2 0. Background

(u2 + d)+(uN−1 − d) = u2 + uN−1 = u1 + uN . Continuing in this way, we find that

uk + uN+1−k = u1 + uN for all k. Hence the right hand side above is N(u1 + uN ),

so we have the result.

A sequence {un} is said to be a geometric progression if un+1/un is the same

for all n. That means that un =

arn

for some a and r.

Theorem 0.2. The sum of a geometric progression is

(0.2) 1 + r +

r2

+ · · · +

rN−1

=

⎧

⎪1

⎨

⎪

⎩

−

rN

1 − r

(r = 1),

N (r = 1).

If the first term to be summed is a power of r, we can simply factor out that

amount. Thus for example,

M+N−1

n=M

rn

=

rM − rM+N

1 − r

if r = 1. If |r| 1, then rN → 0 as N → ∞, so

(0.3)

∞

n=0

rn

=

1

1 − r

.

Proof. If r = 1, then each of the N terms on the left is 1, so the sum is N. Suppose

that r = 1, and let S denote the sum. Then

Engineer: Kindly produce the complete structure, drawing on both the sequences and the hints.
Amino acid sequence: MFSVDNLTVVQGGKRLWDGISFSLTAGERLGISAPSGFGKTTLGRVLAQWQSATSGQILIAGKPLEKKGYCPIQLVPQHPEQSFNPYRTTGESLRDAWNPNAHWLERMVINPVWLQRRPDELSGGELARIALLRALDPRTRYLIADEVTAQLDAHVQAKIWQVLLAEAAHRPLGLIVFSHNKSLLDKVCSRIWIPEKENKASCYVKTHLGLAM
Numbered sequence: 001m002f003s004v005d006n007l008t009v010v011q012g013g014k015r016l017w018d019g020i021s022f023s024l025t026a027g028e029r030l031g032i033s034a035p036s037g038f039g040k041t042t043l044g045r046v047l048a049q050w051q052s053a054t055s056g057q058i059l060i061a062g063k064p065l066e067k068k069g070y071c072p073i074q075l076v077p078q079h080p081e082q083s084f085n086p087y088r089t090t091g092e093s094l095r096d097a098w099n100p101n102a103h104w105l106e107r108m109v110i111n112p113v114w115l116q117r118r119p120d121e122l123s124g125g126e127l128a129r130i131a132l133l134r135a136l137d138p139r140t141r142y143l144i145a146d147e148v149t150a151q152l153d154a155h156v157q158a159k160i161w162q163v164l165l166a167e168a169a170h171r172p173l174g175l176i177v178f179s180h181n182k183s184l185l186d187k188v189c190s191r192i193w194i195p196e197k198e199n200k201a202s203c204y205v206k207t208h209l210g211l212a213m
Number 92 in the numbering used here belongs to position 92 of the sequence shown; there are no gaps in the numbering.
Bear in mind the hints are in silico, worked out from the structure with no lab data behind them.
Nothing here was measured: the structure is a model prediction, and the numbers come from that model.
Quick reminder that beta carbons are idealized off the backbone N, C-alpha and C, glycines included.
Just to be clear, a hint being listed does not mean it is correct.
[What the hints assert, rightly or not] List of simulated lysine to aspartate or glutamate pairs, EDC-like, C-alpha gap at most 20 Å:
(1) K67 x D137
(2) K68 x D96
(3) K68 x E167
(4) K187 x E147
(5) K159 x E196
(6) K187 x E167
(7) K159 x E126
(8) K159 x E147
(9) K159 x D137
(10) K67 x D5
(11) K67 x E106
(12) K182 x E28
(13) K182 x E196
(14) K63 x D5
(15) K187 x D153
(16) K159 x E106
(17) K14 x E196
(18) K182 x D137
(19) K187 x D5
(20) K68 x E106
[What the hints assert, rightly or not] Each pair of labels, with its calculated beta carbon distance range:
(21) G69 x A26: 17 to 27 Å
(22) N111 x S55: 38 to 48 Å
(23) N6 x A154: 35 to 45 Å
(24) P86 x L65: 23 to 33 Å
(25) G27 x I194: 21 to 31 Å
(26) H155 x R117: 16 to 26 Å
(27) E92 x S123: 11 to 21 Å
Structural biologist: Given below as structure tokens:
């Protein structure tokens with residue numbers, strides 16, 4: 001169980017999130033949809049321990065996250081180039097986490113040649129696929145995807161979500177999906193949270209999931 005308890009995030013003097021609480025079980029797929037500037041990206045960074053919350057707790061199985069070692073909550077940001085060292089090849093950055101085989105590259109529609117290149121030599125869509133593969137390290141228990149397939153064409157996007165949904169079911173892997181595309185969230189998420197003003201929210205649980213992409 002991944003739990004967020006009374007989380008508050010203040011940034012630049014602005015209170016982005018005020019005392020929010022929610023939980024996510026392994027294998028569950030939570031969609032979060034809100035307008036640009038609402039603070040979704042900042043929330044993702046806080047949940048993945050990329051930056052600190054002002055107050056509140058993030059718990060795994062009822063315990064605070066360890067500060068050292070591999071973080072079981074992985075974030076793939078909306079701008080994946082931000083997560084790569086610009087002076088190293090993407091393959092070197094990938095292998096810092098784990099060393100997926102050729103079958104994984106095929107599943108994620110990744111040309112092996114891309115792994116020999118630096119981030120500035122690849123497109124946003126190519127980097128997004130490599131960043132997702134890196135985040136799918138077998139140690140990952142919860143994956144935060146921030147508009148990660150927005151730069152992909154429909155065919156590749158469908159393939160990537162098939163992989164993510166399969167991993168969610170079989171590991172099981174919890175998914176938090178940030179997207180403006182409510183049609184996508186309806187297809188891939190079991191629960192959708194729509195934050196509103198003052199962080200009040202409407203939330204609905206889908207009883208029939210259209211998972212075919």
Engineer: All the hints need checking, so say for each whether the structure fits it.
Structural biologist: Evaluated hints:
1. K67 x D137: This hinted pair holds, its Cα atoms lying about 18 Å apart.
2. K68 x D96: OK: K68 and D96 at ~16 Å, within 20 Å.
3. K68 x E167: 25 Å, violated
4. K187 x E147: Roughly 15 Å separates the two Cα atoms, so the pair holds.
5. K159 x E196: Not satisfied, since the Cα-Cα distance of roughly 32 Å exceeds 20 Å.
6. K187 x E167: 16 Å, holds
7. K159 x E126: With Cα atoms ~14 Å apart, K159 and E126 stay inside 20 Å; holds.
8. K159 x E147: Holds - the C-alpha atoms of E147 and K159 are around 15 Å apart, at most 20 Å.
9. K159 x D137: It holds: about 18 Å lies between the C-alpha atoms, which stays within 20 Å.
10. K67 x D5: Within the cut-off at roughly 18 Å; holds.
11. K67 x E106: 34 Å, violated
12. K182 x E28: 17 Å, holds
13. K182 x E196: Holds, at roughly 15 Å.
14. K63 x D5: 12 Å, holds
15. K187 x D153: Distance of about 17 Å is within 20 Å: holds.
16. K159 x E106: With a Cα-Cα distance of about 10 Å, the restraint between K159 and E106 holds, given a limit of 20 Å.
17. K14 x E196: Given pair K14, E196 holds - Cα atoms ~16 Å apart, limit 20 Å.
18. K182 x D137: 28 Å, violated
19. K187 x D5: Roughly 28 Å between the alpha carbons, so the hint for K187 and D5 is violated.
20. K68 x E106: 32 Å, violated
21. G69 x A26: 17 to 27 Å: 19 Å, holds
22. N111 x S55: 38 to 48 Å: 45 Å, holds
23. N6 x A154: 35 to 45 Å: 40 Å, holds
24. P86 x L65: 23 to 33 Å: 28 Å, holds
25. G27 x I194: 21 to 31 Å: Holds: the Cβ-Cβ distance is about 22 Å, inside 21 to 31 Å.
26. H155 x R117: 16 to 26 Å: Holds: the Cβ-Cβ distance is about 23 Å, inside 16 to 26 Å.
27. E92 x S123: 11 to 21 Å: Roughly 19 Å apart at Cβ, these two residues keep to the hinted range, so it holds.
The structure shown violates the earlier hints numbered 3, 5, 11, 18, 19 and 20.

rS = r +

r2

+

r3

+ · · · +

rN

.

On subtracting this from S we see that most terms cancel, leaving

S − rS = 1 −

rN

.

The stated formula now follows on dividing both sides by 1 − r.

If p(x) = ax2 + bx + c is a quadratic polynomial, then

4ap(x) =

4a2x2

+ 4abx + 4ac = (2ax +

b)2

+ 4ac −

b2

.

This manipulation is called completing the square. If p(x) = 0, then (2ax + b)2 = d

where d = b2 − 4ac is the discriminant of the polynomial. If d 0, then the

equation p(x) = 0 has two distinct real roots, namely

r1 =

−b +

√

d

2a

, r2 =

−b −

√

d

2a

.

If d = 0, then p(x) has a double root, r1 = r2 = −b/(2a). If d 0, then p(x) has

no real root, but it has two complex roots,

−b ± i

√

−d

2a

.

In all three cases the sum of the roots is −b/a, the product of the roots is c/a, and

the polynomial factors, p(x) = a(x − r1)(x − r2).